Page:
MORE and more bus passengers will soon be travelling on eco-friendly buses in the Capital.
Thanks to a £1.5 million grant, 20 new eco-friendly single deckers are to be added to the fleet of Lothian Buses.
The company already has 15 hybrid double deckers, and with engine modifications to other vehicles, more than half of its 650-strong fleet now uses the latest carbon-reducing technology.
While the technology may be the future of bus travel, it’s a far cry from the old-fashioned buses that once served Edinburgh passengers.
In the 1960s, there weren’t even any female bus drivers – it wasn’t until 1970 that two Edinburgh conductresses started training to become bus drivers. Mrs Georgina Thompson, 33, of Lochend Gardens, and Mrs Jessie Jeffrey, 48, of Jane Street in Leith, set the precedent.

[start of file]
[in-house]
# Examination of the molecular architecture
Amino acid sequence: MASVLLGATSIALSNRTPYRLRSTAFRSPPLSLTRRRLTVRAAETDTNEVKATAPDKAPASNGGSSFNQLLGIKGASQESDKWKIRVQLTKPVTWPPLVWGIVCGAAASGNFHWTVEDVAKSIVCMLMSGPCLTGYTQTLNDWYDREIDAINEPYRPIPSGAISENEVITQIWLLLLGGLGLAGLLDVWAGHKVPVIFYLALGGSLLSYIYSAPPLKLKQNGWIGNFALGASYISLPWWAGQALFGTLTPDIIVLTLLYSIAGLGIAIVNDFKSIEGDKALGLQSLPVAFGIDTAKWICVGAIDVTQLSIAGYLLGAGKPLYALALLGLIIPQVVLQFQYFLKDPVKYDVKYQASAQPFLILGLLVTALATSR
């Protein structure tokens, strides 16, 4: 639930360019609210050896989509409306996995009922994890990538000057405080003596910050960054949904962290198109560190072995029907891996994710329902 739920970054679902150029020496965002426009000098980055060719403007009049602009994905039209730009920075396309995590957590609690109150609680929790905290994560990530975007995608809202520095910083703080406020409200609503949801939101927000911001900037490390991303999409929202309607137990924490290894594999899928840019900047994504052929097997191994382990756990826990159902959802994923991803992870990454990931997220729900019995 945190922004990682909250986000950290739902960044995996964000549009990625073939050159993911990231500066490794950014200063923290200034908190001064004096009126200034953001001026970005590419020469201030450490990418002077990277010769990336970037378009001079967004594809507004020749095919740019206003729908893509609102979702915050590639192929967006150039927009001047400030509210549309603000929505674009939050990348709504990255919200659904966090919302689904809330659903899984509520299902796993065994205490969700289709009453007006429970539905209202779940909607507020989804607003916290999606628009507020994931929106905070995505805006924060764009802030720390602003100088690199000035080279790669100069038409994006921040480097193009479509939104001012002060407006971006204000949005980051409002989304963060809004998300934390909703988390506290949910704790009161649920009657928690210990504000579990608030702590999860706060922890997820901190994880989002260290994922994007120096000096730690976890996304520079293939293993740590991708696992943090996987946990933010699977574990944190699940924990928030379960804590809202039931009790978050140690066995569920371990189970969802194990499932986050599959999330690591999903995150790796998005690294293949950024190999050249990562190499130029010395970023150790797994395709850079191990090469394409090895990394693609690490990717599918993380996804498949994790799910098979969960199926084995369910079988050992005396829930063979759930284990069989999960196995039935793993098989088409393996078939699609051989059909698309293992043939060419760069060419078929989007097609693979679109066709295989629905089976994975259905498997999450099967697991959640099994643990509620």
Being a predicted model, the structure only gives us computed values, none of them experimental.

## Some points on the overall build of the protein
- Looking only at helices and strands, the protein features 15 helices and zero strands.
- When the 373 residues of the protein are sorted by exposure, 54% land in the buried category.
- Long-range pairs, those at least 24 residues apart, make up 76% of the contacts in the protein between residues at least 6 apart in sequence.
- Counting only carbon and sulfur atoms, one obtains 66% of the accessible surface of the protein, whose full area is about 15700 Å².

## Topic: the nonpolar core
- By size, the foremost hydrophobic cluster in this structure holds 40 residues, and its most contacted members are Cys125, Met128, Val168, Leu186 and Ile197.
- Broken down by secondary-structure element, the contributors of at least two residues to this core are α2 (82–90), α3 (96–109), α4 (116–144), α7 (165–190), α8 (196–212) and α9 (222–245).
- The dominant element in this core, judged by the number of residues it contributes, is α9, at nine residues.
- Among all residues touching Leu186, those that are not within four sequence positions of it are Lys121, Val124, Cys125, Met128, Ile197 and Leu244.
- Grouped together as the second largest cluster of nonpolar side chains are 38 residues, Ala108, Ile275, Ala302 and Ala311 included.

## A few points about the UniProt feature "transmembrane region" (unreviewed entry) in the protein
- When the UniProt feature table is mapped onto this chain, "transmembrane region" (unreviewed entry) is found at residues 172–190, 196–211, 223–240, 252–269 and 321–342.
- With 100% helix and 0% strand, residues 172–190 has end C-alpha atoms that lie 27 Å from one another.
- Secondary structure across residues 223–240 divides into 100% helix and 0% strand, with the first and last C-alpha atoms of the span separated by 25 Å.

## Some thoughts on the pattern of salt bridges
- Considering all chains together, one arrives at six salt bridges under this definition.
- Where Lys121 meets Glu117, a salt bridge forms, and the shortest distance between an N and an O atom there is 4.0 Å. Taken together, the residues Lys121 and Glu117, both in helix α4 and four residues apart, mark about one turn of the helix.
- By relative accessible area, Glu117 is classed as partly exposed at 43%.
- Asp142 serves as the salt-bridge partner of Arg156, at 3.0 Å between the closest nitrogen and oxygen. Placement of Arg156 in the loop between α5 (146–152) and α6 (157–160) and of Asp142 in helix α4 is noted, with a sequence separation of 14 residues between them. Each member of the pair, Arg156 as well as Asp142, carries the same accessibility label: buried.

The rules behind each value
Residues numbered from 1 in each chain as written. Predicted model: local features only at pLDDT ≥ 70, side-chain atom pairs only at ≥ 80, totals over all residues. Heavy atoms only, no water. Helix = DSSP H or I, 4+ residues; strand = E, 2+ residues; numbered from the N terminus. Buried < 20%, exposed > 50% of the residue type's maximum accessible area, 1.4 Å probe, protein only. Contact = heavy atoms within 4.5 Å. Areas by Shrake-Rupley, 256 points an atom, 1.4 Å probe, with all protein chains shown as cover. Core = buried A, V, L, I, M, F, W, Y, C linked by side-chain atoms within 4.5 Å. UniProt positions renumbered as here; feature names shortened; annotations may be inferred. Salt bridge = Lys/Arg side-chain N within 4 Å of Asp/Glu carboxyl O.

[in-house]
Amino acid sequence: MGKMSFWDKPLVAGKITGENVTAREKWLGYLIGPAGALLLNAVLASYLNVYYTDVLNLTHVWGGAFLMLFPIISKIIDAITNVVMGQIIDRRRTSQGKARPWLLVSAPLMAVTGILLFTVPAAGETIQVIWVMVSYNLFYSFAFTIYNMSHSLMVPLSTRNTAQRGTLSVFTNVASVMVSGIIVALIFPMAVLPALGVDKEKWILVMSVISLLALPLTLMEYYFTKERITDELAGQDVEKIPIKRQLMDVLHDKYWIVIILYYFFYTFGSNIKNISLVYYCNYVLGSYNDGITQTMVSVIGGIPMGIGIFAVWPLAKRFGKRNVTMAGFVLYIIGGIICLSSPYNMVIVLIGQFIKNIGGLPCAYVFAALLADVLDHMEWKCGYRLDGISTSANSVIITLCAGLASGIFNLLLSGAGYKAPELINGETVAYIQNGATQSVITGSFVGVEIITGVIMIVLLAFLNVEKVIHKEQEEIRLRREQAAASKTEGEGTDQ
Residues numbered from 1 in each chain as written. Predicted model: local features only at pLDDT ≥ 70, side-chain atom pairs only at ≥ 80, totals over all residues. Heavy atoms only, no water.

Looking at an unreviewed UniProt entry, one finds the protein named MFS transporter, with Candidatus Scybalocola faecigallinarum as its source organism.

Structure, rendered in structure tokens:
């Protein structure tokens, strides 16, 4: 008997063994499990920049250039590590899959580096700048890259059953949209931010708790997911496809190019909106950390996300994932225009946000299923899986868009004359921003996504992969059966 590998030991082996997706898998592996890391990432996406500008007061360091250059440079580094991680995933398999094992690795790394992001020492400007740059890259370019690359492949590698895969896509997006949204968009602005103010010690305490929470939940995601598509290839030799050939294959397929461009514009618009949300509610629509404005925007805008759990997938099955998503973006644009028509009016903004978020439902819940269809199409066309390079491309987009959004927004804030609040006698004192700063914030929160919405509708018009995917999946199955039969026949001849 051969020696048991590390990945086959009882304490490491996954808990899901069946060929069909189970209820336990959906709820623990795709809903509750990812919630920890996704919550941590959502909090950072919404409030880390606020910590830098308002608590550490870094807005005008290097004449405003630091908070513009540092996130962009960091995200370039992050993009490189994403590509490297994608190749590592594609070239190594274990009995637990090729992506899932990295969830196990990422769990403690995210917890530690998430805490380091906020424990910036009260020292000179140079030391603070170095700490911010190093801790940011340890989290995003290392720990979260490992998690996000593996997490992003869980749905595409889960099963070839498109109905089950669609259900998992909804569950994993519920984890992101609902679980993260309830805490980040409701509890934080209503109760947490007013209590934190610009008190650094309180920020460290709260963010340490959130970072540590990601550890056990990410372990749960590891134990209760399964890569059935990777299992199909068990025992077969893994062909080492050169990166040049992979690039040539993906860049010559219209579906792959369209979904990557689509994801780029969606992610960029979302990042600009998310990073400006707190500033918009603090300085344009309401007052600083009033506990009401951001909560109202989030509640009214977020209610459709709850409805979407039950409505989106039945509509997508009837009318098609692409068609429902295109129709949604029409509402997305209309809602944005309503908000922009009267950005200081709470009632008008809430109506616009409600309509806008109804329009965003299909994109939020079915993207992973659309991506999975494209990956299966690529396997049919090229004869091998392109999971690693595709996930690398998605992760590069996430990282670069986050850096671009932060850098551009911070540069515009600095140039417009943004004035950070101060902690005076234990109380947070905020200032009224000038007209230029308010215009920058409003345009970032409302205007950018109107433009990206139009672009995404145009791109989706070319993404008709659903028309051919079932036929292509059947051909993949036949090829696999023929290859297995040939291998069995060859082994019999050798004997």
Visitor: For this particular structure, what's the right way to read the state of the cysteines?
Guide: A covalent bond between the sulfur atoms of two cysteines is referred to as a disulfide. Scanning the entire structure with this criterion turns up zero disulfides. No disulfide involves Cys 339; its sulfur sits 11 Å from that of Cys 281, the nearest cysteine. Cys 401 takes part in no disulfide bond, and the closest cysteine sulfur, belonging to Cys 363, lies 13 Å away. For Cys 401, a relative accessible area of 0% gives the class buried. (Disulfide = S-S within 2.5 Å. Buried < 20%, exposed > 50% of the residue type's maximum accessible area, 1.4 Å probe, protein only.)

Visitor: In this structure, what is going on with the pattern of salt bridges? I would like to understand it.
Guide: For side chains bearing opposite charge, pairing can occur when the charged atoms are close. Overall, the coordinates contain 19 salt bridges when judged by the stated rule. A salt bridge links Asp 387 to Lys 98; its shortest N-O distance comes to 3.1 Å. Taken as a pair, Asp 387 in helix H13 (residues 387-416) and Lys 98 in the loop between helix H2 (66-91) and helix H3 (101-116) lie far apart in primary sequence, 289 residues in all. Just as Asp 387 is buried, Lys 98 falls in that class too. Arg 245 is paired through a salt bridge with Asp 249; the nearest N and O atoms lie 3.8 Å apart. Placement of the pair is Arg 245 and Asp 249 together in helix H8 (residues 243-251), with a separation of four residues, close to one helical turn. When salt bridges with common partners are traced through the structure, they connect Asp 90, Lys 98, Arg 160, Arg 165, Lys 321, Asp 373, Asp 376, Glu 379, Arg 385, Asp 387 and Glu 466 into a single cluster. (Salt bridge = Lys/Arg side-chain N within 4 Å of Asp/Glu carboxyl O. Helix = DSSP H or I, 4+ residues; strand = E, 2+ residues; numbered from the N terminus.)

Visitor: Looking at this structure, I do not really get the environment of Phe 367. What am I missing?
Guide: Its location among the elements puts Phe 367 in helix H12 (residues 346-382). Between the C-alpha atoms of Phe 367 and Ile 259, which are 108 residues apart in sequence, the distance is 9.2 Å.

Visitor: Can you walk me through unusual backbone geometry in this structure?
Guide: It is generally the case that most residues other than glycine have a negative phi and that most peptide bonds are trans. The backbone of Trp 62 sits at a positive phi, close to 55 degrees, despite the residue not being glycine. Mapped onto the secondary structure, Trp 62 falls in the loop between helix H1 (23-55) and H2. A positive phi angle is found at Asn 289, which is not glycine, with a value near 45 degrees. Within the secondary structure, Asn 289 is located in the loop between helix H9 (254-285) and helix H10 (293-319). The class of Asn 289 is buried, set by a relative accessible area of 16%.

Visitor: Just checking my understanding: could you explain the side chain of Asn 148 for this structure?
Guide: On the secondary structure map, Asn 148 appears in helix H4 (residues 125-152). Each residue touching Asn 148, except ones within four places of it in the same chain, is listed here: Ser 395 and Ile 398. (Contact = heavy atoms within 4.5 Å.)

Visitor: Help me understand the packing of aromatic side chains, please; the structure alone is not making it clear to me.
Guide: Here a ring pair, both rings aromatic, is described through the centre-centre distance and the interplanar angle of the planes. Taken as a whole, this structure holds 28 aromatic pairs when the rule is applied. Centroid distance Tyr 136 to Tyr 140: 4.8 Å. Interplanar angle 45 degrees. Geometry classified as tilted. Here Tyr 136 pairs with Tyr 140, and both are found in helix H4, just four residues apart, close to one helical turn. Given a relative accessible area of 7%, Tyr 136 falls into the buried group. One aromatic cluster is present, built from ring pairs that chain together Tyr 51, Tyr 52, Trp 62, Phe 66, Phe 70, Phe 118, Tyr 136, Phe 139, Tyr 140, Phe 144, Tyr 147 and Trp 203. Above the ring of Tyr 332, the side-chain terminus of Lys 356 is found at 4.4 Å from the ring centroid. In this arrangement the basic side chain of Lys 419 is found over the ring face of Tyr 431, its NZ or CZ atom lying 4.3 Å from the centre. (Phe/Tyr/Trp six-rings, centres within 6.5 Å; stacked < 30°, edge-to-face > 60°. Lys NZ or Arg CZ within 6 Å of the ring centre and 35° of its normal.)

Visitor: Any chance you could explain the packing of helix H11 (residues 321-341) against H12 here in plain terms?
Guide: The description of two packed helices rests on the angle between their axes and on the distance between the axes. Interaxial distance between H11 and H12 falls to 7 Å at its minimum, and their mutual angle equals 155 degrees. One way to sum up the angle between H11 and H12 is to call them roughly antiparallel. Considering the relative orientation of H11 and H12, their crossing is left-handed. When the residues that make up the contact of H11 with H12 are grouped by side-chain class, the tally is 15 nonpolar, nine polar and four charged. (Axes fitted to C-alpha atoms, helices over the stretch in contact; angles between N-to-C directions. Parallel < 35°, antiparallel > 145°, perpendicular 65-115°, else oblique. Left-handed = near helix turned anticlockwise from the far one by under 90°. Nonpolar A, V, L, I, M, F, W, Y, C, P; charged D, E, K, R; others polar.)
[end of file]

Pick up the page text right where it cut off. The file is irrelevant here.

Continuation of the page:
Though having female bus drivers might have seemed unheard of back in those days, having bus conductors seems equally as strange to modern passengers.
In 1981, Charlie Page hung up his hat as he became one of the last conductors on a Lothian Regional Transport bus.
In March that year, one-man buses were rolled out completely and Mr Page, 61, and his colleagues made their final trips as bus conductors. Mr Page previously worked as a conductor on the trams in Leith,
As well as the roll-out of the one-man buses, the 1980s also saw “the bus wars” in the Capital.
Lothian Regional Transport buses became embroiled in a fight with rival company Guide Friday.
The rivals quickly gained popularity, running their own tours twice as frequently as their competitors, resulting in full-blown price wars.